Thursday, January 23, 2014

Economic Systems Grow Through Sustainable Reinvestment

Business and cities exist together and follow similar stages of growth and decline. Each invests back into itself to foster higher levels of economic interaction and revenue development. Governments seek to create a net return on tax investments while businesses seek revenue returns on new product/service lines.  Without constant reinvestment and growth, the system eventually declines. 

Sustainability can be seen as a positive return on investment money that allows for reinvestment back into the system for future growth. Governments may reinvest resources in schools, roads, police, WI-FI, fiber optic cables, etc. to realize greater levels of income generating interactivity. The basic development mechanics between business and government are similar even though they take different forms.

Economic hubs must draw in resources to fuel future growth. Resources may come in the form of new business start-ups or existing corporate reinvestment. Private investment increase local revenue streams that raise tax revenue (not tax rate) and create more tax paying employment opportunities (not tax rate). Growth can be seen as the total increase in economic activity and revenue development throughout the hub.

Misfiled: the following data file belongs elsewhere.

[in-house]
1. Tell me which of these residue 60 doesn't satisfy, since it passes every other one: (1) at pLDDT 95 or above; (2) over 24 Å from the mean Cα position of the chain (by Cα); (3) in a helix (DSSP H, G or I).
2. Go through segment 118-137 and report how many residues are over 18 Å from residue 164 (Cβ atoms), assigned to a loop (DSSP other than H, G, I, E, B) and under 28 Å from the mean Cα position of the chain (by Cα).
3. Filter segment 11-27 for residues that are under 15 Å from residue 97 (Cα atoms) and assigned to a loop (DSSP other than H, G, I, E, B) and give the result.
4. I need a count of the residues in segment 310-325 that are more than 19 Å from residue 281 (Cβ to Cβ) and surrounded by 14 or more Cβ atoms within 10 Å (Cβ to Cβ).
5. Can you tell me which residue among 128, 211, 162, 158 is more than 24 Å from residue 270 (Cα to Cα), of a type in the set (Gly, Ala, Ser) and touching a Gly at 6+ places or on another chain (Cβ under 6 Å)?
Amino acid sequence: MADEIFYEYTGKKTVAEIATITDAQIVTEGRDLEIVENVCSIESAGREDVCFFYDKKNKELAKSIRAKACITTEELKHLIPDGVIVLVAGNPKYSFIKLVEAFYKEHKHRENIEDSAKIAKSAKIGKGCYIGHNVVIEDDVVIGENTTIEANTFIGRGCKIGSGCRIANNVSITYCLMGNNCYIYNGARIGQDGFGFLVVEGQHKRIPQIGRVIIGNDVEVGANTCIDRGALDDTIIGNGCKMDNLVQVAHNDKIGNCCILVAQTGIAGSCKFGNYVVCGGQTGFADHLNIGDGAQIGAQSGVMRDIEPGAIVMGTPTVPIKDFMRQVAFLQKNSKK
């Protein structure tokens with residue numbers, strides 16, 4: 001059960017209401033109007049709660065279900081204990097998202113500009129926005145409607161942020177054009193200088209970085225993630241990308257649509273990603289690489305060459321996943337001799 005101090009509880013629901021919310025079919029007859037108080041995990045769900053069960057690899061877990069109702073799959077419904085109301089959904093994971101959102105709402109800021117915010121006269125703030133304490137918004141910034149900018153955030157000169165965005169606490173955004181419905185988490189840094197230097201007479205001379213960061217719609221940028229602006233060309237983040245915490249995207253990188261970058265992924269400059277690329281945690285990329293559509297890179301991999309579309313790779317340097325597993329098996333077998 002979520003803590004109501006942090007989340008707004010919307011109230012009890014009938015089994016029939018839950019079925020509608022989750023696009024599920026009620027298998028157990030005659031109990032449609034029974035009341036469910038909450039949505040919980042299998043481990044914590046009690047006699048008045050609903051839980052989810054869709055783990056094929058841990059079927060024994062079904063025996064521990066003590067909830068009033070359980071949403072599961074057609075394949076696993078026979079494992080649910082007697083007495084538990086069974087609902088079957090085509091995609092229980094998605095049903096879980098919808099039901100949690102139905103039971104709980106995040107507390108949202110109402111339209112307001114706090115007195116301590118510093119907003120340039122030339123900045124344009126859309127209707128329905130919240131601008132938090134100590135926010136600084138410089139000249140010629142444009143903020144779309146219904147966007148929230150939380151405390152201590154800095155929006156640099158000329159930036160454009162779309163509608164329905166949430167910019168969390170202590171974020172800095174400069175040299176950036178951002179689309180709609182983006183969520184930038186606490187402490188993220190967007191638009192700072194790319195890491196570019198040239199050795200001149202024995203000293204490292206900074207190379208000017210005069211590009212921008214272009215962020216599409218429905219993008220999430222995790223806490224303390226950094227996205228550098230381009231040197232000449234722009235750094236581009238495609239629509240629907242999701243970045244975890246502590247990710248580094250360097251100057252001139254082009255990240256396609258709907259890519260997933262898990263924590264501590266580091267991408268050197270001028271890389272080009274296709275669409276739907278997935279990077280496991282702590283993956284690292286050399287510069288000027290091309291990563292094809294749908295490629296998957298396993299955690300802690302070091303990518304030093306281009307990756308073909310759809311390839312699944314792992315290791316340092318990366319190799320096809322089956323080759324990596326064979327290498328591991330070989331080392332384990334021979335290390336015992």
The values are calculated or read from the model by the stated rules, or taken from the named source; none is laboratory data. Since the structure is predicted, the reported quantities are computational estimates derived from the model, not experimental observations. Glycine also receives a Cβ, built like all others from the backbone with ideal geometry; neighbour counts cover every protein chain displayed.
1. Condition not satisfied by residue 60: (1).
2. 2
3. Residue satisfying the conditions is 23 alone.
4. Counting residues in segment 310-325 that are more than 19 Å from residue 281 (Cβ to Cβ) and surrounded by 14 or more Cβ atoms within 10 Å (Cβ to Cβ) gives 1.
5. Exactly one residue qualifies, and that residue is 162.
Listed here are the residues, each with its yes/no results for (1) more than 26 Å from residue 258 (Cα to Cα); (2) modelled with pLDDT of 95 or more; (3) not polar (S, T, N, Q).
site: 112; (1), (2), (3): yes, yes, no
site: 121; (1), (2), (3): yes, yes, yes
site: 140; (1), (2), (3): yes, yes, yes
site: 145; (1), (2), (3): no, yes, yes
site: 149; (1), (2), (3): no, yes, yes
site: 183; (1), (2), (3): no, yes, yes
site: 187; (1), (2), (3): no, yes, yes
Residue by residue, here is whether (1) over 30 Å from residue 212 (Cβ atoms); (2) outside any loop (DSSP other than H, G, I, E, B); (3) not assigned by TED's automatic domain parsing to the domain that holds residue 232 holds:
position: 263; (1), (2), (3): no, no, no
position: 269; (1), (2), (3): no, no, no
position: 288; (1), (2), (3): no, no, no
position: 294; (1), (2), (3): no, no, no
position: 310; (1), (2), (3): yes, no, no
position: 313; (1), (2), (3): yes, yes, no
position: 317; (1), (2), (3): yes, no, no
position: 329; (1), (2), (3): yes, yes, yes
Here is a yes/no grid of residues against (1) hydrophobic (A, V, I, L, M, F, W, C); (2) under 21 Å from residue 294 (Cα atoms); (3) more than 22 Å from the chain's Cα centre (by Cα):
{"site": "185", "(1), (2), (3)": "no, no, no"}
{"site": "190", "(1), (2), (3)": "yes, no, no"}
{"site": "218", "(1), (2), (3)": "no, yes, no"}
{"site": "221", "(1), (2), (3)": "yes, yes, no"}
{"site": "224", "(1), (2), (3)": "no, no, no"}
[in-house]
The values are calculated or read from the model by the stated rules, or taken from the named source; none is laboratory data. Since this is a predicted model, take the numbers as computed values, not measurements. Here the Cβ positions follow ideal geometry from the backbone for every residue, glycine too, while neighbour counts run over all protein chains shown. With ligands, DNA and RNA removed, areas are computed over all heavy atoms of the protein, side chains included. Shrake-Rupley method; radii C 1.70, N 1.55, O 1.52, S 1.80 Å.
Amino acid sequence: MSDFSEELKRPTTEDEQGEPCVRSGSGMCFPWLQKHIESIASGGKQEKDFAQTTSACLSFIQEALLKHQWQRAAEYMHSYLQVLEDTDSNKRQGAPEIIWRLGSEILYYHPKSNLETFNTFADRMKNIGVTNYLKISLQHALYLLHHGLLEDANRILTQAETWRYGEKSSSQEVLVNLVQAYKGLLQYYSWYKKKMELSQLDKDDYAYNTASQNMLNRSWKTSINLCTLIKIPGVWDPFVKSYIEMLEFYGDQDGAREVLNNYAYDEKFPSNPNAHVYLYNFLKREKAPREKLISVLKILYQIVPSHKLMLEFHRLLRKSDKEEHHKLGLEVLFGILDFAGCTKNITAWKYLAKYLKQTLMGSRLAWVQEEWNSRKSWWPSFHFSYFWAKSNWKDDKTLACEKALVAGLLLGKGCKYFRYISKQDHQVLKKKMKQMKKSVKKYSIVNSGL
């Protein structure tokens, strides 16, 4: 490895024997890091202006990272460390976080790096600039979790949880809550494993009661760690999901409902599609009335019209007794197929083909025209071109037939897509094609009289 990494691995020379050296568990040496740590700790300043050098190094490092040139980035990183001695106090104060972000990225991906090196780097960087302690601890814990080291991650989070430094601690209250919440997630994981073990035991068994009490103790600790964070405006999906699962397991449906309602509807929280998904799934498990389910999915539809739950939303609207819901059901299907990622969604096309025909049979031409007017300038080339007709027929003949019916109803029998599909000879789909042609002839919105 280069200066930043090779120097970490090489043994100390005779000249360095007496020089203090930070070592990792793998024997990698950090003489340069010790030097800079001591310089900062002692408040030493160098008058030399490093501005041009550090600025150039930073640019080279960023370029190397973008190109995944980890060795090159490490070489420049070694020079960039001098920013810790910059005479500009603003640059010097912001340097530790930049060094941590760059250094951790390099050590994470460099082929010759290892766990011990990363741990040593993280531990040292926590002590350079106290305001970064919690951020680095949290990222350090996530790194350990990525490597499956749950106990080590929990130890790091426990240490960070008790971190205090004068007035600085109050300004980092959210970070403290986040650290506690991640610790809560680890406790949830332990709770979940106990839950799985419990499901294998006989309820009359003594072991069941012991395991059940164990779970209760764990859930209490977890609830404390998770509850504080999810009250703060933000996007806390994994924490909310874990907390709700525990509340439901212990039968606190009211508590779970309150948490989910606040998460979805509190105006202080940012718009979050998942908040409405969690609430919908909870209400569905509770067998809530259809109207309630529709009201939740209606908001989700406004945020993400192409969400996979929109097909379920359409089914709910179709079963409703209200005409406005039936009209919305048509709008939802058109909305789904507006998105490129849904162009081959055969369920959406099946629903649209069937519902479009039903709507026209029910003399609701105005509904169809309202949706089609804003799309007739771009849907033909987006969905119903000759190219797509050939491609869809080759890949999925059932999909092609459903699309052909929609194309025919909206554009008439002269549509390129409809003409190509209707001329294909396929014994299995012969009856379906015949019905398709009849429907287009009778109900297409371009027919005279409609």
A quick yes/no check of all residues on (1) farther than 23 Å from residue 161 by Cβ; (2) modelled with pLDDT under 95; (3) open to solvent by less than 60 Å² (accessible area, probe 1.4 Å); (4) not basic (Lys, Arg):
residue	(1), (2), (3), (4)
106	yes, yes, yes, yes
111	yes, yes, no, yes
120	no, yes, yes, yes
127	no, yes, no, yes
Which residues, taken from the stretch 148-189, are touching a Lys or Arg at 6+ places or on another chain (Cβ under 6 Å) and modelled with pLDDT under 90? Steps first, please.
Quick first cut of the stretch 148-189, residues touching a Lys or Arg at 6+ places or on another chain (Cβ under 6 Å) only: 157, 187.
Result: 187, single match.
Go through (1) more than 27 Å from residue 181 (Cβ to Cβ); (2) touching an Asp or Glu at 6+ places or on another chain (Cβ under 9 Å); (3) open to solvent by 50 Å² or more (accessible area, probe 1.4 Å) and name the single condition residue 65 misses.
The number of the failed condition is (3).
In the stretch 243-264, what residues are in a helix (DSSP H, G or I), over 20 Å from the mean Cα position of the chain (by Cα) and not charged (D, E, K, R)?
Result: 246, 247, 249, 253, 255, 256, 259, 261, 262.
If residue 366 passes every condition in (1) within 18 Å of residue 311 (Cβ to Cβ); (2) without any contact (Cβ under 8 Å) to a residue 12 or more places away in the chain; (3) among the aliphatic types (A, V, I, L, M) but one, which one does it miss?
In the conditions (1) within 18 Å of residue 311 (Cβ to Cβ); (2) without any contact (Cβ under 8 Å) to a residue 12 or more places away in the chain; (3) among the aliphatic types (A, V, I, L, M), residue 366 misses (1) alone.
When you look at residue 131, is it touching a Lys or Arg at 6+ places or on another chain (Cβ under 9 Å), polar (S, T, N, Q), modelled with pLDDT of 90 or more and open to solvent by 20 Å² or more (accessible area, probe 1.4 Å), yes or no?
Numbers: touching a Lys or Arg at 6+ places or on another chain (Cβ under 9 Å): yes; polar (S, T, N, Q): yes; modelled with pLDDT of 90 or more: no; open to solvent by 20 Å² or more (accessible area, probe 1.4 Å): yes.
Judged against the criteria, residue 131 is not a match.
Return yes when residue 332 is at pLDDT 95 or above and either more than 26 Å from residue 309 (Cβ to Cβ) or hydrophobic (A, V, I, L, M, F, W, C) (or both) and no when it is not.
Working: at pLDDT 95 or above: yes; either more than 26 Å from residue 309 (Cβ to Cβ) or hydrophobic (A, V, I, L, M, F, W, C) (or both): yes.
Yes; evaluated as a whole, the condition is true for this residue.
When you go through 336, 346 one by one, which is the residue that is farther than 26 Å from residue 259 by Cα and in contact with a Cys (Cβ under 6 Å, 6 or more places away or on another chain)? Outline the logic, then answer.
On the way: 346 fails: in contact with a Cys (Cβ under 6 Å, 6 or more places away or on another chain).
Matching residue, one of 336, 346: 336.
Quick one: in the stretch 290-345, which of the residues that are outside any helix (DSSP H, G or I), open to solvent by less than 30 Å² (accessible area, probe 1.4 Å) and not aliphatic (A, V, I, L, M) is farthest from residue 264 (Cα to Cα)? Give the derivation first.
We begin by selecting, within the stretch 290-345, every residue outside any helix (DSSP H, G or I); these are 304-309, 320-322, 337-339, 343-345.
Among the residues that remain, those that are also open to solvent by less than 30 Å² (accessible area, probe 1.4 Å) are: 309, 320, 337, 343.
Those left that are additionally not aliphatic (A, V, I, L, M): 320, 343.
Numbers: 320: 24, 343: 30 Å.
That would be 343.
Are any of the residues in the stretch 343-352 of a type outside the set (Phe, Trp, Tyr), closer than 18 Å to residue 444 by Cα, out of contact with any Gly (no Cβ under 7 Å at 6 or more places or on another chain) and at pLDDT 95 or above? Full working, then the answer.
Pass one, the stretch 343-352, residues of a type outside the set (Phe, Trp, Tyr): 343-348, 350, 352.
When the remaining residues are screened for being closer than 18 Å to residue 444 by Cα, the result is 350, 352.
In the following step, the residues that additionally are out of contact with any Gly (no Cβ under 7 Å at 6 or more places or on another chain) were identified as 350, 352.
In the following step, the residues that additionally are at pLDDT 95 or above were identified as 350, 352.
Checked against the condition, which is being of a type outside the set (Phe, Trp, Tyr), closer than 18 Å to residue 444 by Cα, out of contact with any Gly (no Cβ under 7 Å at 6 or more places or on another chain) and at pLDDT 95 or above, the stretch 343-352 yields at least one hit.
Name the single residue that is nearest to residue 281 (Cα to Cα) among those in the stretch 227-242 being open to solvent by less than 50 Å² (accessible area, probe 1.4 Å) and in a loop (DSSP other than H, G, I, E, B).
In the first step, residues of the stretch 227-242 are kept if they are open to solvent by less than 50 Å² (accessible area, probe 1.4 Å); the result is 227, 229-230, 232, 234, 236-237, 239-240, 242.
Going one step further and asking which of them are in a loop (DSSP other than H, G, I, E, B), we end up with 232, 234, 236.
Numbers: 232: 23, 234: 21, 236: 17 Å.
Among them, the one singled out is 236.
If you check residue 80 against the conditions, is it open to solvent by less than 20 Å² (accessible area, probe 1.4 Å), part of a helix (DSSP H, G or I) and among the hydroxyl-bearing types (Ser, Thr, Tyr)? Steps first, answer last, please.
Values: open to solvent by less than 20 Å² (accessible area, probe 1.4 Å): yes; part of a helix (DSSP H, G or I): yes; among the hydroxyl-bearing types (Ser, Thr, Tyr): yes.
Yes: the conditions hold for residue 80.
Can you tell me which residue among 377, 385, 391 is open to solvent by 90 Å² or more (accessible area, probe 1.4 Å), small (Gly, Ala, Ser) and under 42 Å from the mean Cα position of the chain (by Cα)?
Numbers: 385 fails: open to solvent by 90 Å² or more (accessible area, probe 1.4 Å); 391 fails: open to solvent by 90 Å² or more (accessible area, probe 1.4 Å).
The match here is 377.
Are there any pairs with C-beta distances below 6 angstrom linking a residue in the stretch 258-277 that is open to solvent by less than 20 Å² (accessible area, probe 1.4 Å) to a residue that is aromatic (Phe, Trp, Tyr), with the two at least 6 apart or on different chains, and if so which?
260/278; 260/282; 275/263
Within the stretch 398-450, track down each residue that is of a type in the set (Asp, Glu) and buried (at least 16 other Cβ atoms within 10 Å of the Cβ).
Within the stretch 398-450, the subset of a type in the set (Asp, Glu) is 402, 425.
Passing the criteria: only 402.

Young governments and business entities may grow quickly but will eventually move into a mature stage when they reach homeostasis with the market. During this mature stage, a consistent percentage of revenue should be reinvested back into their systems to maintain future growth. This reinvestment ensures that the system continues to develop, improves the lives of its residents, lowers transactional costs, and attracts new investments. 

 When a system is not sustainable, or fails to reinvest back into itself, it declines. The system may begin to lose residents, raise taxes, fail to attract businesses, take unnecessary debt or fall behind on needed infrastructure improvements. Eventually the system may need to painfully revamp itself, seek outside assistance, or perish into history as resources disinvest and make their way into better-managed systems.

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